Sometimes the margins between coaches are simply the manner in which they use the club’s best players. By making Pellegrini a more direct threat, Mourinho has subtly changed the club’s approach while his win-at-all-costs mentality seems to have lifted the spirits of everyone involved with the club. That’s not a slight to Fonseca or EDF, it’s just one of the benefits of hiring a guy with Mourinho’s legacy and mystique, so to speak.

JonAS: Yeah, I also recognize José’s win-at-all-costs mentality, even if it’s ugly. I just think Mourinho gets more out of these players and can demand more of them compared to Fonseca or EDF who, with all due respect, don’t have the same reputation or ooze the same class as Mourinho.

Just look at Pellegrini, Mancini, or Abraham who simply enjoys playing football right now. The team seems more tight and solid, more united. It’s the famous ‘us vs the world’ approach from Mourinho.

Then again, we clearly see a starting XI now. Mourinho has about 13-14 favorites, the rest will have a tough time breaking that wall. Some guys like Kumbulla, Mayoral, or Villar almost feel excluded from Roma.

Jimmy Miotto: I agree with Bren that tactically speaking, there aren’t too many differences between FonsecaBall and MourinhoBall so far, save the star turn by Lorenzo Pellegrini. The biggest thing I’ve noticed so far goes beyond what JonAS says about the “win-at-all-costs mentality”, though: it’s the fact that Roma seem to have evolved beyond having a glass jaw, both inside one match and on a match-to-match basis.

Losing to Lazio the way they did in the Derby Della Capitale might have resulted in weeks of poor form for prior incarnations of Roma; this time, Roma responded to the hard-fought 3-2 loss by winning their next two matches. Part of that is probably down to the fact that Zorya Luhansk and Empoli aren’t the toughest customers in the world of football, but even still, I’m impressed by how Mourinho has pushed this side towards “being a goldfish”, to paraphrase Ted Lasso. The sheer number of times Roma have been able to win a match after going a goal down has been nice, too, and is again indicative of something that goes a bit further than “win at all costs.”

ssciavillo: Great points by Bren and Jonas. I think tactically nothing revolutionary has happened besides the freeing of Pellegrini to really thrive and there is a win at all costs mentality. However, in terms of the biggest change, I feel the same as Jimmy. Roma responds to adversity in a much more positive way so far this season.

Every time they get a gut punch in a match by conceding they seem to go right back down the pitch and create a quality chance. Even the Lazio match when they were down by two, Roma responded and made a match out of it. There seems to be a lot more fight in this team than we’ve seen in past seasons. A lot of that starts at the top with Mourinho, but I also think it has a lot to do with the makeup of the roster. A player like Abraham seems a lot hungrier than a guy like Dzeko and having a fighter like Zaniolo back also helps. This is a younger hungry team that doesn’t seem to mind a good dogfight.

BSanti: Yea, you guys hit all the major points on this one. The general mentality shift and bounce-back ability from the squad following a loss, or on a micro-level, after conceding and going behind, is extremely refreshing following the EDF and Fonseca experiences. We touched on this a bit in the latest podcast episode, but I’m not sure that Roma win, or at least not as comfortably, against Zorya following the deflating Lazio result in seasons past. I think another underrated aspect of this mentality change is just how noticeable it is, really seems night-and-day to previous iterations of the squad.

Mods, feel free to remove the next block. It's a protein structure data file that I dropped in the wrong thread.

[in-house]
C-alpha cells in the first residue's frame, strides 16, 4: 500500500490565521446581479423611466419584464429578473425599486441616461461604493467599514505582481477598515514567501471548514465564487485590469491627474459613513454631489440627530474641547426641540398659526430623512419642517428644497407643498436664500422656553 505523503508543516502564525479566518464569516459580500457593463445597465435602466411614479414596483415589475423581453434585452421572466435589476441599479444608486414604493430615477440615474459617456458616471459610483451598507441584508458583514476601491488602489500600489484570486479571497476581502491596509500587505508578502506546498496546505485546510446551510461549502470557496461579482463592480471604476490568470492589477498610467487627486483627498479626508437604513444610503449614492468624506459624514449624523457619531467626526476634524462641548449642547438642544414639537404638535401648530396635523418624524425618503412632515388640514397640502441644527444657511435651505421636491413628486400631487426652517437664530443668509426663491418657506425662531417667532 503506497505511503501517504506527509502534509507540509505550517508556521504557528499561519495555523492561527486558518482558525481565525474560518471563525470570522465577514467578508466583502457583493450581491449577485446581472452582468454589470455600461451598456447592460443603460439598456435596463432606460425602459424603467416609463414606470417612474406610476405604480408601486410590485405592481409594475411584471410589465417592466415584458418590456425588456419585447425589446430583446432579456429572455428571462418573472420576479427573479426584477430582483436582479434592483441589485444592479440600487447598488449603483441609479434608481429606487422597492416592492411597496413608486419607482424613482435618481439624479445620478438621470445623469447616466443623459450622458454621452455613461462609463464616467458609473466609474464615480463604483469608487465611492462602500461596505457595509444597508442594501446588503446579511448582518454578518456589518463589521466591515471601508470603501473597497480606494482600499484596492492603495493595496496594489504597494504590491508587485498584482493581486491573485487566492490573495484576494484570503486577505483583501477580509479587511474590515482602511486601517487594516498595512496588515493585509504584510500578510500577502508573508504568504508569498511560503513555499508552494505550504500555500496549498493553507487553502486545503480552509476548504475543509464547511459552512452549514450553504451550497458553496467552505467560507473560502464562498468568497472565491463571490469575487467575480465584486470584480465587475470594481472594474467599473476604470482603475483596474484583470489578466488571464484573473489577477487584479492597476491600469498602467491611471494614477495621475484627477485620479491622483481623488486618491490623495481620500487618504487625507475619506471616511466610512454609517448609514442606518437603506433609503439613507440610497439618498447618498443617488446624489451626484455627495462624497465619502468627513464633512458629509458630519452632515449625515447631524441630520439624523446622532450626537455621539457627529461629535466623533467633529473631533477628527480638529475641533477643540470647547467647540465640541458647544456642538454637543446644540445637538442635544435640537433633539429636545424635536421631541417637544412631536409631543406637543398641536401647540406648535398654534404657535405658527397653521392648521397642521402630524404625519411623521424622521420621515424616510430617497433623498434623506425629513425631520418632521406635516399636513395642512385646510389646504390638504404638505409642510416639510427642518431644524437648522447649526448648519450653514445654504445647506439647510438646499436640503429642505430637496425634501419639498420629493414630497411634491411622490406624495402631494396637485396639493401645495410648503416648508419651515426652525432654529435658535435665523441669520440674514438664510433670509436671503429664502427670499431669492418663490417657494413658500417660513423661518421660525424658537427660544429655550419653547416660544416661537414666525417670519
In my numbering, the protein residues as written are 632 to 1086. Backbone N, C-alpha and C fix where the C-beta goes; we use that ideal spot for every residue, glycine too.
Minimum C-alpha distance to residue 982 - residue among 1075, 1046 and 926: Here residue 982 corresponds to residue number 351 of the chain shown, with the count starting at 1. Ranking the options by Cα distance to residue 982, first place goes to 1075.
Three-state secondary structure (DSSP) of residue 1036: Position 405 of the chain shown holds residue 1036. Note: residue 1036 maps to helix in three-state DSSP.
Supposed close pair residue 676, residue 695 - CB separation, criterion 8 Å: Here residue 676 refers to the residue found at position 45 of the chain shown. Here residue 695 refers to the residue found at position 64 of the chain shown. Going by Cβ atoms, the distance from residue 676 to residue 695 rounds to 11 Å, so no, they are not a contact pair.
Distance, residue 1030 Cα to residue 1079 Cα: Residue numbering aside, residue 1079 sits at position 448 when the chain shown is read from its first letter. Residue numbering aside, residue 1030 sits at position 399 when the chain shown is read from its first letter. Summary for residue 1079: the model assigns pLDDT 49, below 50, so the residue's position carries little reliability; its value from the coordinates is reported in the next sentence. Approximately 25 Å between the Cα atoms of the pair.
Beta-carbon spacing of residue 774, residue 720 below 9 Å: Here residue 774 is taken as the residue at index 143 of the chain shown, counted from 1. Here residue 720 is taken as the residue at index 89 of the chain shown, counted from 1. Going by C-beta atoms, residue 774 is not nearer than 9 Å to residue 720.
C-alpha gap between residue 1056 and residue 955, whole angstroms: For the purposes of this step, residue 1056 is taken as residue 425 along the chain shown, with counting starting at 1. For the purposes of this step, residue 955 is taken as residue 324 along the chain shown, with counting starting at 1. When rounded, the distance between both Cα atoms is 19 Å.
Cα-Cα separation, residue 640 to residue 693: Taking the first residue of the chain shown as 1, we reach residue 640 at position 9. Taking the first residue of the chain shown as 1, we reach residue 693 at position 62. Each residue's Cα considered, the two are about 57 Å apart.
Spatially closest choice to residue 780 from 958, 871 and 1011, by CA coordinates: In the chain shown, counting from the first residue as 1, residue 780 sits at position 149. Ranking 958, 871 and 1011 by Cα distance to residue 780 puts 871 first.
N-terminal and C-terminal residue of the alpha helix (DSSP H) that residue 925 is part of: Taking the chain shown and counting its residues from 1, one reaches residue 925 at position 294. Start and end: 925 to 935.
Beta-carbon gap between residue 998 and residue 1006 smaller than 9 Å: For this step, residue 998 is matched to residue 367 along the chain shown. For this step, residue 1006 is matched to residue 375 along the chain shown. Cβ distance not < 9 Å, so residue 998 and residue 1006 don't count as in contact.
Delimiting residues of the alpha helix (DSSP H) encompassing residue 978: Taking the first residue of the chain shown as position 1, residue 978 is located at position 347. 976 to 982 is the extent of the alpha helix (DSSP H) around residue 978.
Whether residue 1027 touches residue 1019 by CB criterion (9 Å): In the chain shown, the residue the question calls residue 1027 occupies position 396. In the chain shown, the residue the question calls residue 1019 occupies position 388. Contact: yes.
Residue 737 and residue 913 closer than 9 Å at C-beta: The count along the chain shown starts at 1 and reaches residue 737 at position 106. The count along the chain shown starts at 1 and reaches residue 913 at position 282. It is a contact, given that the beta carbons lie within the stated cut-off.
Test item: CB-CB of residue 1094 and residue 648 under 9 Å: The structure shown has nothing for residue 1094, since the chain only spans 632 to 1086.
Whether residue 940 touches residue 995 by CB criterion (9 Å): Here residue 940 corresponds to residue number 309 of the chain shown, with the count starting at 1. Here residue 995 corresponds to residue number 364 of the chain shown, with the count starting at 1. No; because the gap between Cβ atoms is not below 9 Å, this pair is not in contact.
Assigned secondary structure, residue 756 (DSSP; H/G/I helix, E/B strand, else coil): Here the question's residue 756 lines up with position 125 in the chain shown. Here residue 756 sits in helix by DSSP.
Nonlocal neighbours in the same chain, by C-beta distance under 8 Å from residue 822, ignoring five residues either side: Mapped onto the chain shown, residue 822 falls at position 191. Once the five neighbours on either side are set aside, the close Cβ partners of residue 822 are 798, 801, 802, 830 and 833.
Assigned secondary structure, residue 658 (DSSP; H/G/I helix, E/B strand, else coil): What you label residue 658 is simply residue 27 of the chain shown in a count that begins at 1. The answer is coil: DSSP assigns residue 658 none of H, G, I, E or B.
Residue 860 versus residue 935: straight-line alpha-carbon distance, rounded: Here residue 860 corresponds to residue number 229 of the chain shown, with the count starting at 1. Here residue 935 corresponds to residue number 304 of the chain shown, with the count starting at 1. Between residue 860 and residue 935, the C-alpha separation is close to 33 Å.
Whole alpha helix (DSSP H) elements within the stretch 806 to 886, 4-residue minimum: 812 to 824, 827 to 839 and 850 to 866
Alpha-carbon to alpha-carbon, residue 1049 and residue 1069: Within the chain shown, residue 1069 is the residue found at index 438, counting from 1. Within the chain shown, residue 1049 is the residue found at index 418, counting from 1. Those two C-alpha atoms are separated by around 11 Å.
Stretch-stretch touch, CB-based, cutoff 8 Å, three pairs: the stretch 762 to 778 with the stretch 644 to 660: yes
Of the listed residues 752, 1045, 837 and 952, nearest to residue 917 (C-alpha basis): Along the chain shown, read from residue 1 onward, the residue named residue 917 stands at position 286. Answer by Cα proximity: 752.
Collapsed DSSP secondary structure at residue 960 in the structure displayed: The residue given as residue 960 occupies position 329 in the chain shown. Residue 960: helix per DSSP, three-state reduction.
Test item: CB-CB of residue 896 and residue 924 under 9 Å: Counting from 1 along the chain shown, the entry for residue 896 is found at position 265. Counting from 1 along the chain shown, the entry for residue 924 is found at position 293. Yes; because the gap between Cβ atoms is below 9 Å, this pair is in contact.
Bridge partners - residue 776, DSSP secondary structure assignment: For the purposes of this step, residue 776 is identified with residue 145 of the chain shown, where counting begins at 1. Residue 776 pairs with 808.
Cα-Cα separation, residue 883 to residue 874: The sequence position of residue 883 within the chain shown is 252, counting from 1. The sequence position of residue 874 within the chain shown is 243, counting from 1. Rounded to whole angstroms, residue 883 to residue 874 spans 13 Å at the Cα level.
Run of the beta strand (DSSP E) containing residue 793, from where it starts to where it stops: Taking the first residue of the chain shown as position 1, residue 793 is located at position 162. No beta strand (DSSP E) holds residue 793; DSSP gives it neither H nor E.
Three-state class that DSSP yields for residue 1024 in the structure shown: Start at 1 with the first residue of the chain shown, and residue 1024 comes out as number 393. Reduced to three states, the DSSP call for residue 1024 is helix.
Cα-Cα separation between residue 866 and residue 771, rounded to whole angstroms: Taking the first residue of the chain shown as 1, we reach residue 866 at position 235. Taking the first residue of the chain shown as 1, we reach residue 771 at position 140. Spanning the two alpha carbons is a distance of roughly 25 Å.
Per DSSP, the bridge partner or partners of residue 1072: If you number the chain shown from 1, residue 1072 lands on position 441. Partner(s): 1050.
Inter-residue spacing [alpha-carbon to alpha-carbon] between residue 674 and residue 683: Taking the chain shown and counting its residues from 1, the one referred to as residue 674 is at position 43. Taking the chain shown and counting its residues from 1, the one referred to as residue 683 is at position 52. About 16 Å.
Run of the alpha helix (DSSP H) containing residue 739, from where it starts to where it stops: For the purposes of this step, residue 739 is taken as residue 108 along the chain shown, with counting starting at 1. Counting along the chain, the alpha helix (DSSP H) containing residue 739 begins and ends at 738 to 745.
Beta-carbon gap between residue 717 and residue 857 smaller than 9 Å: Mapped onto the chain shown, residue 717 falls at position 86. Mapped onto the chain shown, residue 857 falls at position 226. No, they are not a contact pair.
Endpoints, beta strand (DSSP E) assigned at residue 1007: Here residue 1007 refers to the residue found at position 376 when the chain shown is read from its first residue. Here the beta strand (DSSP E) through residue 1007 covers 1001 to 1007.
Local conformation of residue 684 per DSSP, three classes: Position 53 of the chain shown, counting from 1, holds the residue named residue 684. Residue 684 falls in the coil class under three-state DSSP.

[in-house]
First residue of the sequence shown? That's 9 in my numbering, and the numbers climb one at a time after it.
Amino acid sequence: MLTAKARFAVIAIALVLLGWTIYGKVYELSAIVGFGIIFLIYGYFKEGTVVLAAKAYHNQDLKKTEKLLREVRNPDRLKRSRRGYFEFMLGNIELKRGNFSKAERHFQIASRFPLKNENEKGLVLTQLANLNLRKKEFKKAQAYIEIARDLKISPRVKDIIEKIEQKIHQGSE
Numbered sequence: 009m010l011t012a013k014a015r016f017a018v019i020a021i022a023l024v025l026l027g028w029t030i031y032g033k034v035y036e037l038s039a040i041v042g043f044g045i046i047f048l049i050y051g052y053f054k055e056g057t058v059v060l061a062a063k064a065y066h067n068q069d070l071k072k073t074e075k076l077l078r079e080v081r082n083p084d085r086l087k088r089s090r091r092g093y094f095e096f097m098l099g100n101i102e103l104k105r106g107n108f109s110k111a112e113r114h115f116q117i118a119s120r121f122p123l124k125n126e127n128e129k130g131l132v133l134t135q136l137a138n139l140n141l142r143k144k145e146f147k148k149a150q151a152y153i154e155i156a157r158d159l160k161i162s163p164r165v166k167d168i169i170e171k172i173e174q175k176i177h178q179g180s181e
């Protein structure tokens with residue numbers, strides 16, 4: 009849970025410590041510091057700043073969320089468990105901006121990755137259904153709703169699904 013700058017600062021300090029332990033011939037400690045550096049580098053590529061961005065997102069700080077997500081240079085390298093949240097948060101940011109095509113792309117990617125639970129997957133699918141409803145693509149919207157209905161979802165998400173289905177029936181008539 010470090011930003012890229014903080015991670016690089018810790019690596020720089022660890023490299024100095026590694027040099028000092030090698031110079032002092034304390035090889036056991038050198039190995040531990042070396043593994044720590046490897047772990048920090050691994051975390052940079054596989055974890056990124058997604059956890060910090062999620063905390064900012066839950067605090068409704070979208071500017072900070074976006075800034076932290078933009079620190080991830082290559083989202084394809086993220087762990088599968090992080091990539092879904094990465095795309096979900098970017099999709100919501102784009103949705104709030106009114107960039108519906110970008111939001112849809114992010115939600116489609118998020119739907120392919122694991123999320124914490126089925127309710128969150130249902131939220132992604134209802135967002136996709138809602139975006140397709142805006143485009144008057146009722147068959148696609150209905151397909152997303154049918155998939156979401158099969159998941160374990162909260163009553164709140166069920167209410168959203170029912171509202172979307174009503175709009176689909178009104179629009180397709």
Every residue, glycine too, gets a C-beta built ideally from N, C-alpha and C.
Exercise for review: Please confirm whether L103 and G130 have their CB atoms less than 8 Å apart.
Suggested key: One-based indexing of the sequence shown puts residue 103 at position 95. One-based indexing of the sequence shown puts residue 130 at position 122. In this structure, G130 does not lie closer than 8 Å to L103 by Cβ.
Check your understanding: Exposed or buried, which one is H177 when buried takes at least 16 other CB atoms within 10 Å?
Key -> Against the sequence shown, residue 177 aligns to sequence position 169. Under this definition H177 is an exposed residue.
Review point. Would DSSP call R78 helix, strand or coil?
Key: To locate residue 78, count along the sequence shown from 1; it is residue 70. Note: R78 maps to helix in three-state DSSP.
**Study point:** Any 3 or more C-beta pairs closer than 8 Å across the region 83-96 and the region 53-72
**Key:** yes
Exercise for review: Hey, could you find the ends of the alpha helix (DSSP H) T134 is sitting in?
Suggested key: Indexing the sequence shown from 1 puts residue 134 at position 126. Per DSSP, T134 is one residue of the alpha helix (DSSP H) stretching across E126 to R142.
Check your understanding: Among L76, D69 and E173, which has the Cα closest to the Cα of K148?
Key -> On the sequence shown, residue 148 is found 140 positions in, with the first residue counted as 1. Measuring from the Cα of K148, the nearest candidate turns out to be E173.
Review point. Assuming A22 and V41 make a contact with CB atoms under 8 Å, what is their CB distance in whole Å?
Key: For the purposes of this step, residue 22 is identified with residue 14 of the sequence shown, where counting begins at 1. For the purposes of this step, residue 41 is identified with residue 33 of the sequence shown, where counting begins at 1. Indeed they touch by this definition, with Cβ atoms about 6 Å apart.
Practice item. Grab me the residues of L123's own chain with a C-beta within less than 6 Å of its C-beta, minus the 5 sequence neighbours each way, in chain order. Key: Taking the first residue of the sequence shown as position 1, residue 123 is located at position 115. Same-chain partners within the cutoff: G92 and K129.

Through the first seven matches (plus the ECL fixtures), which player has impressed you the most so far and why?

AS Roma v Empoli Calcio - Serie A Photo by Giuseppe Maffia/NurPhoto via Getty Images

Bren: Pellegrini aside, I have to go with Tammy Abraham. Not being an ardent EPL follower, I wasn’t entirely familiar with him, but I’m continually amazed at how well-rounded he is. In some ways, he plays exactly like Dzeko but substitutes long limbs and impeccable balance for broad shoulders and brawn, but he’s more direct, more clinical and more efficient thus far—at least compared to Dzeko’s last moments in a Roma shirt.

I also have to give a small shout to Riccardo Calafiori. I know the minutes have been scant, but I think I finally understand why people were so geeked on this kid; he has every physical tool one needs to succeed in modern football, and he’s a lefty to boot.

JonAS: Well, there’s really no other answer than Pellegrini right? The difference is just too big. More than ever Lorenzo looks, feels, plays like a true leader and the beating heart of the team. I mean c’mon, seven goals in ten games? Just extended his contract until 2026? No buyout clause anymore? The future is his. I even forgive him for his red card vs Udinese.

Jimmy Miotto: Lorenzo Pellegrini is the only suitable answer to this question. Seven goals in all competitions is frankly an insane output for him compared to his prior seasons, and having two assists on top of that is excellent too. It certainly seems as if Mourinho has unlocked him in a way that can turn him into a superstar for club and country for the long haul. Pellegrini’s probably going to have poor form here and there throughout the season, because that happens to every player, but the fact that he’s had this sustained level of form to start the season indicates that the captain’s band isn’t weighing heavily on him at all. In fact, it might have been just what he needed to slowly but surely be mentioned alongside Totti and De Rossi.